Wednesday, April 27, 2011
Jackie Fields fought his way into boxing lore by winning the welterweight championship of the world twice and by grabbing Olympic gold in the featherweight division. Fields was renowned for his toughness and his superior boxing ability. He is widely considered one of the greatest Jewish welterweights of all time.
He was born Jacob Finkelstein on February 9, 1908. In the Maxwell Street ghetto in Chicago, Illinois, where he grew up, he was known as Yonkel, Yonk for short. His father was a butcher from Russia. Finkelstein took the name Fields from Marshall Field's department store when he was advised that Finkelstein wasn't a tough enough name for a boxer. The Maxwell Street ghetto was a gritty place where kids had to fight to survive. In later years, Fields recalled getting into fights with kids who rained anti-Semitic slurs upon him.
Sam Langford and Jack Blackburn taught him to box. Jackie's hero was Benny Leonard. When he was 13, the family moved to Los Angeles, where his father opened an ultimately unsuccessful restaurant. But Jackie continued to dream of being a boxer. Fields took his love of fighting and won a gold medal at the 1924 Olympics in Paris when he was just 16 years old. He turned pro early the next year. On November 12, 1925, he fought a young Jimmy McLarnin. Both men would eventually win the welterweight championship. But on that night in Los Angeles, McLarnin knocked Fields to the floor four times in securing a second round KO.
Fields was a quick, skilled boxer, who lacked heavy hands. He taught Barney Ross, who was younger and also from the Maxwell Street ghetto, to box. Obviously, Fields was a good teacher, but also a hell of a fighter himself. The McLarnin fight would be the last time he was ever KOed. He strung together a number of wins in a row, including a decision victory over the reincarnation of King Tut. His losses were against the cream of the crop. Kid Kaplan beat him in 1927 and Sammy Mandel did so a year later.
After another winning streak, Fields won a version of the welterweight crown when he defeated Young Jack Thompson on March 25, 1929. In a unification bout, Fields became the undisputed champion after beating Joe Dundee. Fields was controlling the contest against Dundee when, in the second round, after being knocked down, Dundee crawled over to Fields and wailed away at his baby-maker. Dundee was DQed and Fields became the champion despite falling unconscious.
In a non-title bout, Fields fought and lost to Young Corbett III in 1930 by decision. After the bout, Fields was astonished when referee Jim Griffin raised Corbett's hand instead of his own. He figured the referee must have made a mistake. Two and a half months later, in May, Young Jack Thompson out-pointed Fields to take away his title.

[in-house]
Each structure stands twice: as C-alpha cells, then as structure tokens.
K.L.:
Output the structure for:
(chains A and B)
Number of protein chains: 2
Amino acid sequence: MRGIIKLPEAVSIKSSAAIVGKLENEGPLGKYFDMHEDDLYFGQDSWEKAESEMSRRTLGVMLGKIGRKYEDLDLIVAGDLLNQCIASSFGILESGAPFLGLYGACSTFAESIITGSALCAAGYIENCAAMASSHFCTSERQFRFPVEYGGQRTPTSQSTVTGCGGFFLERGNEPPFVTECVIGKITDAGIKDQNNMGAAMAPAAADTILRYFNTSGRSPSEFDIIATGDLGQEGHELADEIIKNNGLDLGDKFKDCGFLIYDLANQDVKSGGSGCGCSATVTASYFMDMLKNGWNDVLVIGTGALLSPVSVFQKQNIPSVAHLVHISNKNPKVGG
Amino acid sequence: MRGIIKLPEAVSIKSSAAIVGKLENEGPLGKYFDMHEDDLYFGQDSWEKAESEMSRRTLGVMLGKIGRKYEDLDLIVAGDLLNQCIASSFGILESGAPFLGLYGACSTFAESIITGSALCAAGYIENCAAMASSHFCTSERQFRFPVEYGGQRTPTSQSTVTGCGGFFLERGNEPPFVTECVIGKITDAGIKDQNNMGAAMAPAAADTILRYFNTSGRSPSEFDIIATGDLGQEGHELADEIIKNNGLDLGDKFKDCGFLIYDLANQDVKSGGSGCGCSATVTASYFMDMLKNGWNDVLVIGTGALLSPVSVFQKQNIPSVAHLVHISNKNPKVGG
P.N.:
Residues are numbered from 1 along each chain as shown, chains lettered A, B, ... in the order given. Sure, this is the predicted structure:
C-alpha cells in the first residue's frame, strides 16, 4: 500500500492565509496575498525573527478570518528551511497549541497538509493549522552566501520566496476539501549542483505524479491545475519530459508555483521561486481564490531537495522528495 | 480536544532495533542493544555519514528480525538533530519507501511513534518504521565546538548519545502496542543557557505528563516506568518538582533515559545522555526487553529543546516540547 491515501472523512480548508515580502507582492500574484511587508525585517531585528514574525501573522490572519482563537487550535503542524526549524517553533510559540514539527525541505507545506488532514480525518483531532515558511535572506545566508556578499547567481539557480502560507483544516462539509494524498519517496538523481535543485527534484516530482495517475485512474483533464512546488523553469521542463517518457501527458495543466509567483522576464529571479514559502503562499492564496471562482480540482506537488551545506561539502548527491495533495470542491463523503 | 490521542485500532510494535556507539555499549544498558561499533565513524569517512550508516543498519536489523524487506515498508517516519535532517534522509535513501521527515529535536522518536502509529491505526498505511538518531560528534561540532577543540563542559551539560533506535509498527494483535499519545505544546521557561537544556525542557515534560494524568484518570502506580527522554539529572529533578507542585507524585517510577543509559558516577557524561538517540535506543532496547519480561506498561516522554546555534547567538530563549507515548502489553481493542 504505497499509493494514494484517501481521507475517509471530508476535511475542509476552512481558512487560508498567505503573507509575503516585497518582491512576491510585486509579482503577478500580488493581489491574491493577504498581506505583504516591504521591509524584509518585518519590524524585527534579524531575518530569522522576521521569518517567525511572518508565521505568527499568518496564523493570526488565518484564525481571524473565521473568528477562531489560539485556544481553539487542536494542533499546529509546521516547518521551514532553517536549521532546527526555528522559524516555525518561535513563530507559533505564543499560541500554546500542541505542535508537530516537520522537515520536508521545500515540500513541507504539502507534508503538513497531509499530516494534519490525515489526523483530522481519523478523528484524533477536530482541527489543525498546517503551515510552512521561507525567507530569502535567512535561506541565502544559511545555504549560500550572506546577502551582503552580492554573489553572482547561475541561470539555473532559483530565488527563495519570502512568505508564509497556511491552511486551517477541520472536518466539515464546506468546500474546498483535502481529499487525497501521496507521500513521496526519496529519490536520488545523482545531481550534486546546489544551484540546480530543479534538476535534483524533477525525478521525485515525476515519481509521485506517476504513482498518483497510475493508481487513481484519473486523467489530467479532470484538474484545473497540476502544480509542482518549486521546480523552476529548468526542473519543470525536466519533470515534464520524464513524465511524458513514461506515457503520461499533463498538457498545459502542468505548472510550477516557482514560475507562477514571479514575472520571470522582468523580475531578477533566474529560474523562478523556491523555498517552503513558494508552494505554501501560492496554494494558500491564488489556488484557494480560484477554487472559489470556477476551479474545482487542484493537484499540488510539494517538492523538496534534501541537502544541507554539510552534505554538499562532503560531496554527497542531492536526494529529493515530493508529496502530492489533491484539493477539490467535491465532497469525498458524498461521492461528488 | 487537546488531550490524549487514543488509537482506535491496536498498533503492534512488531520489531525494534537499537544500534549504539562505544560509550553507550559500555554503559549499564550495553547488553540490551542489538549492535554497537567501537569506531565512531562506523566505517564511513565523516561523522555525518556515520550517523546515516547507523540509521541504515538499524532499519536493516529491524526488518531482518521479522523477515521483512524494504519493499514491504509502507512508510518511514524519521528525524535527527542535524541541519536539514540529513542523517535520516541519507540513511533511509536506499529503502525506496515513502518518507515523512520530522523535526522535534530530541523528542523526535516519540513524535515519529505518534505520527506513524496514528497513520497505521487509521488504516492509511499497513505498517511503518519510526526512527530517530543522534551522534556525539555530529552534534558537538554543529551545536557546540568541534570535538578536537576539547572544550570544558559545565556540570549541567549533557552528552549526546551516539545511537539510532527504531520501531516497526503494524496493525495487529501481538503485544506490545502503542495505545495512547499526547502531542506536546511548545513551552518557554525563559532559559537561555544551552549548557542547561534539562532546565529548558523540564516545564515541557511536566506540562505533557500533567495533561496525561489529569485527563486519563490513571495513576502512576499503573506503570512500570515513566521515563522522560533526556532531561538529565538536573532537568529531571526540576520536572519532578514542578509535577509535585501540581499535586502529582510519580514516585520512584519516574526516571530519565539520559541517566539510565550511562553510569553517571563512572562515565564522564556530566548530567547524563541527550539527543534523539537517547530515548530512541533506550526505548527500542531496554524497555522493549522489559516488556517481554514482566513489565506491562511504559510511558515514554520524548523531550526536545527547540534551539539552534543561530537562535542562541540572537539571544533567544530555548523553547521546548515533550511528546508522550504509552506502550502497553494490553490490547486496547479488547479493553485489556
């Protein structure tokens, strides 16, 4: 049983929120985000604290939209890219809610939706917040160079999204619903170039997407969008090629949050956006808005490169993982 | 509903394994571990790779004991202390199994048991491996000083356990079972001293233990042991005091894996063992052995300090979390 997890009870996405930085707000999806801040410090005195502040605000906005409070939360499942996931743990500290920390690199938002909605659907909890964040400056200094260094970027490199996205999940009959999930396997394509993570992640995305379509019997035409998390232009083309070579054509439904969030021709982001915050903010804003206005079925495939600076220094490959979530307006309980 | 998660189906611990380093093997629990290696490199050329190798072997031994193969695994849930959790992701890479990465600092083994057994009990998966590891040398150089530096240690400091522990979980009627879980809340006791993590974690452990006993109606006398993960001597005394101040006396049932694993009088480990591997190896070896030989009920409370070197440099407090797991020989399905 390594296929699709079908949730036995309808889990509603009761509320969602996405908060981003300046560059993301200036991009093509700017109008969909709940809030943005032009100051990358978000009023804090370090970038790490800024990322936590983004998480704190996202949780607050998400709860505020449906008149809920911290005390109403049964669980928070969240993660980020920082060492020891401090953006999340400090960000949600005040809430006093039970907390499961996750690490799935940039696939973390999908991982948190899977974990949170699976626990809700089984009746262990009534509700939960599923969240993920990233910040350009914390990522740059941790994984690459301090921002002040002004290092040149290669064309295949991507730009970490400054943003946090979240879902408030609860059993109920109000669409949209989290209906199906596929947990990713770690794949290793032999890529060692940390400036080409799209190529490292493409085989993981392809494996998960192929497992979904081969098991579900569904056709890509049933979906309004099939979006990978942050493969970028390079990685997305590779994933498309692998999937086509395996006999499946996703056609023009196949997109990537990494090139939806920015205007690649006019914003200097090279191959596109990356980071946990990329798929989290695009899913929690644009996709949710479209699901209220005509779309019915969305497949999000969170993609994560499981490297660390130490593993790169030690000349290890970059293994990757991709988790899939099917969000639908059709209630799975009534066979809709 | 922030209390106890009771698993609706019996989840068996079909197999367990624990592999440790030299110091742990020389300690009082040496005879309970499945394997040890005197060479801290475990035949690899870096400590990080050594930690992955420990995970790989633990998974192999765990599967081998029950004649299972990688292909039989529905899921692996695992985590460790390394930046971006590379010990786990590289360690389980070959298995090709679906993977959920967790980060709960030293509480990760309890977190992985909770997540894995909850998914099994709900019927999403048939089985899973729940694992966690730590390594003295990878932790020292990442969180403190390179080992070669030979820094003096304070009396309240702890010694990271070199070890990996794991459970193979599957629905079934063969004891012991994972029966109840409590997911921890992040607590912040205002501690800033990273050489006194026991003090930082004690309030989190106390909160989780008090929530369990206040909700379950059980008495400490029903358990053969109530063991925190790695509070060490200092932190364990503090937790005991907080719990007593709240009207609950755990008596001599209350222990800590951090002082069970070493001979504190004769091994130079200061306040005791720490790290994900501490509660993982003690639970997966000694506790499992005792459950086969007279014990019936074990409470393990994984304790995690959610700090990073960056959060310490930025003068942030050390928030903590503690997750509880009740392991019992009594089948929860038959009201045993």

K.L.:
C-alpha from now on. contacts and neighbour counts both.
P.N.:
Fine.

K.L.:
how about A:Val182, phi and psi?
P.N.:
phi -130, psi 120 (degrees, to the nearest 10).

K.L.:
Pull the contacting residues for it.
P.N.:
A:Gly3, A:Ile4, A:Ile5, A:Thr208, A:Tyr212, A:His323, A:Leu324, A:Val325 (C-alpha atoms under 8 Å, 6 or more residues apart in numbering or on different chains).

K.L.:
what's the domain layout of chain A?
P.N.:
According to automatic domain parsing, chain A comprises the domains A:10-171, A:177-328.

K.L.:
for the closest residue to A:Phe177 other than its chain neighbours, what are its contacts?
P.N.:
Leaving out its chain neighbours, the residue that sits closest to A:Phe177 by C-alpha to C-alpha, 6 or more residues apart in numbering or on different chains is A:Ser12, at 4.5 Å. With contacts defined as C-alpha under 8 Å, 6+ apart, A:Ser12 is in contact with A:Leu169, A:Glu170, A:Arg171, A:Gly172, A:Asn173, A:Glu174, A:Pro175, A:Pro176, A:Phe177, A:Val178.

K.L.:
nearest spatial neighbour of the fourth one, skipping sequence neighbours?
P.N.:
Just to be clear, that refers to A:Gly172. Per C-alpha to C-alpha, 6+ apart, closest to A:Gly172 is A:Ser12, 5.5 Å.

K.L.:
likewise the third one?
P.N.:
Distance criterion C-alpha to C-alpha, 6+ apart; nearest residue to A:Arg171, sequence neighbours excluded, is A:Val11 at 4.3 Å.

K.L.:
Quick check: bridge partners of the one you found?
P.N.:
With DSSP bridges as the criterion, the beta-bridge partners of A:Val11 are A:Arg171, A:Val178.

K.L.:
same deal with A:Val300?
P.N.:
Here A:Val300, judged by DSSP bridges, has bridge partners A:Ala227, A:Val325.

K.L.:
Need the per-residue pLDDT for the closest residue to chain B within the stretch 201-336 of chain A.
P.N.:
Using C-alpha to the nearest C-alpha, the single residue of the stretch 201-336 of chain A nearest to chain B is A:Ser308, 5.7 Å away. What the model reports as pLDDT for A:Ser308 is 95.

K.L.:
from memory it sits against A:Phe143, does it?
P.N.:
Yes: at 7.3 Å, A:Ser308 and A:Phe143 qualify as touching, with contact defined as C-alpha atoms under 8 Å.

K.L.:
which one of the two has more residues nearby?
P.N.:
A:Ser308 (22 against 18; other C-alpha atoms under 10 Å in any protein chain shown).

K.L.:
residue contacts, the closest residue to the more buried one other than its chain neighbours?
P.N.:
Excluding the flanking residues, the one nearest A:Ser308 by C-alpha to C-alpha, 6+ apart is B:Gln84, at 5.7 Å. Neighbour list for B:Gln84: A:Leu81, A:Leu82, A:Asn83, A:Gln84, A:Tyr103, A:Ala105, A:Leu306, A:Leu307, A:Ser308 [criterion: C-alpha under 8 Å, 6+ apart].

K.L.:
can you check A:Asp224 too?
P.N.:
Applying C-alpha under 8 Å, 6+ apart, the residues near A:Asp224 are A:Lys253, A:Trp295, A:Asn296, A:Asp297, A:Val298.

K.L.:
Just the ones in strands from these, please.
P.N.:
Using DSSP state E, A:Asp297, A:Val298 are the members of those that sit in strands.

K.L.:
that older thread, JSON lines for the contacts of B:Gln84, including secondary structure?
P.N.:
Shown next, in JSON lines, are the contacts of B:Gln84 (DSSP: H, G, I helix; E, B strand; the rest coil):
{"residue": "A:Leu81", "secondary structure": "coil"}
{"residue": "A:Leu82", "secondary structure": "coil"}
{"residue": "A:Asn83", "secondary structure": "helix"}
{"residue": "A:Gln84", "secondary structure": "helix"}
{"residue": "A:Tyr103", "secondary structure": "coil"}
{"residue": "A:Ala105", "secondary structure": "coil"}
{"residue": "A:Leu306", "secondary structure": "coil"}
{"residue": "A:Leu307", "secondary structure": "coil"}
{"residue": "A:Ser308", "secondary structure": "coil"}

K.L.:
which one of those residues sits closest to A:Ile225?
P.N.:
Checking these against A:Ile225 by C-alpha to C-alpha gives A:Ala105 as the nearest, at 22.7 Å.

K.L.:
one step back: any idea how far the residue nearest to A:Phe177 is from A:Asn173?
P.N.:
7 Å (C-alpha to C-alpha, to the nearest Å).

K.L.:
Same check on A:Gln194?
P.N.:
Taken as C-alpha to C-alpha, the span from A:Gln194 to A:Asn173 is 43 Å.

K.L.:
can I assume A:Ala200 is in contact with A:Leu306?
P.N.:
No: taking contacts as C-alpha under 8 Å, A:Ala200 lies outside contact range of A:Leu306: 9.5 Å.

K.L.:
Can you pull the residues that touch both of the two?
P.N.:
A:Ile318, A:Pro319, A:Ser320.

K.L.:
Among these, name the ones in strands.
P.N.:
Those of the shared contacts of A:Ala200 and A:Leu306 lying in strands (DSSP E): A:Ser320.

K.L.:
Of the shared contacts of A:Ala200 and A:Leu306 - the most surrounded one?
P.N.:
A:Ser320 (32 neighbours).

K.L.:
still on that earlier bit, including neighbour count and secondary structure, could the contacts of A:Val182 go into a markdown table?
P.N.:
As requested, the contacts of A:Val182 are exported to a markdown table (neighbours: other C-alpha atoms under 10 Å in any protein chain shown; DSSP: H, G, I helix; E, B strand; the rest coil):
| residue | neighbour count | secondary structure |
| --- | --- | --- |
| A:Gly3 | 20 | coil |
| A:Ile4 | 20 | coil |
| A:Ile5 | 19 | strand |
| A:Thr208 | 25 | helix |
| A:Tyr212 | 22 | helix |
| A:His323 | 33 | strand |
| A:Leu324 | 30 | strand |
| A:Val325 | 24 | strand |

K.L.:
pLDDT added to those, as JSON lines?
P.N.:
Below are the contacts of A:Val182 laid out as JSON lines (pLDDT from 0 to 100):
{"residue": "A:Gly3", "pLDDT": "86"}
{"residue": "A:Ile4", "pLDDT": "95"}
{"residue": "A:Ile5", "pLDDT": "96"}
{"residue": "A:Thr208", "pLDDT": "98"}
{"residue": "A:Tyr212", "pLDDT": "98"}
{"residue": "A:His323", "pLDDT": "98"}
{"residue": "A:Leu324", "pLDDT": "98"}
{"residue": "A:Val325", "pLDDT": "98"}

Fields was a colorful character. He was friendly with Al Capone though he claimed the two never did business together. Fields was adept at squandering away his boxing paydays. He also lost sight in his right eye towards the end of his career, but continued fighting. He figured that, since he was an orthodox fighter, he only needed his left eye in order to see the opponent's punches coming. He passed the doctors' eye tests by memorizing the order of the letters on the eye chart.
On January 28, 1932, the 5'8" Fields beat southpaw Lou Brouillard by decision to win back his welterweight title. He lost it to Young Corbett III on points a little over a year later. Fields fought one more time, a win over Young Peter Jackson, which put him in line for a shot at the middleweight crown. But his mother died and with only one good eye, Fields figured it was time to hang it up at the age of 25. He finishes with a record of 72-9-2 with 31 KOs and 2 newspaper decision victories, according to BoxRec.com.
Fields tried his hand at a variety of different fields after boxing, including being a bookie and a film editor for MGM. By the 1970s, he was greeter at a Las Vegas casino. At that point, living with his second wife and her children, he was content. Fields died on June 3, 1987 in Los Angeles as a member of the International Boxing Hall of Fame.
Berkow, Ira. Maxwell Street: Survival in a Bazaar. 1977.
Blady, Ken. The Jewish Boxers Hall of Fame. 1988.
Century, Douglas. Barney Ross. 2006.
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Marco Huck kept his WBO cruiserweight belt by way of unanimous decision today at Gerry Weber Stadium in
Nakash (25-1, 18
The fight turned in the fifth round. Huck (32-1, 23
Nakash still managed to push Huck back to the ropes, but failed to make Huck pay while the champ was pinned. A welt grew under Nakash's left eye from the middle rounds on as he continued to eat uppercuts. It was nearly closed by the end of the bout. Nakash threw a left hook, straight right combination in the sixth that dramatically forced Huck backwards, but that was essentially the last serious bit of joy Nakash would find in the fight.
Huck took the eighth round easily. Nakash became exhausted in the ninth, but pushed forward. In the 12th, Huck fired a combination attempting to end the fight, but Nakash remained in front of him and ended the fight on his feet. The two American judges gave Huck the bout with 118-110 scores. The Swedish judge saw it as 116-112, probably a truer mark of what went on in the fight.
Nakash, who took the title shot on short notice and had never been more than ten rounds in a fight, displayed enormous heart in perpetually taking the fight to the taller, more accomplished champion. He said he was disappointed not to win and that Huck was a strong guy, though not a great boxer. When complimented on his titanium chin for eating all of those powerful uppercuts, Nakash simply smiled and indicated that he felt good.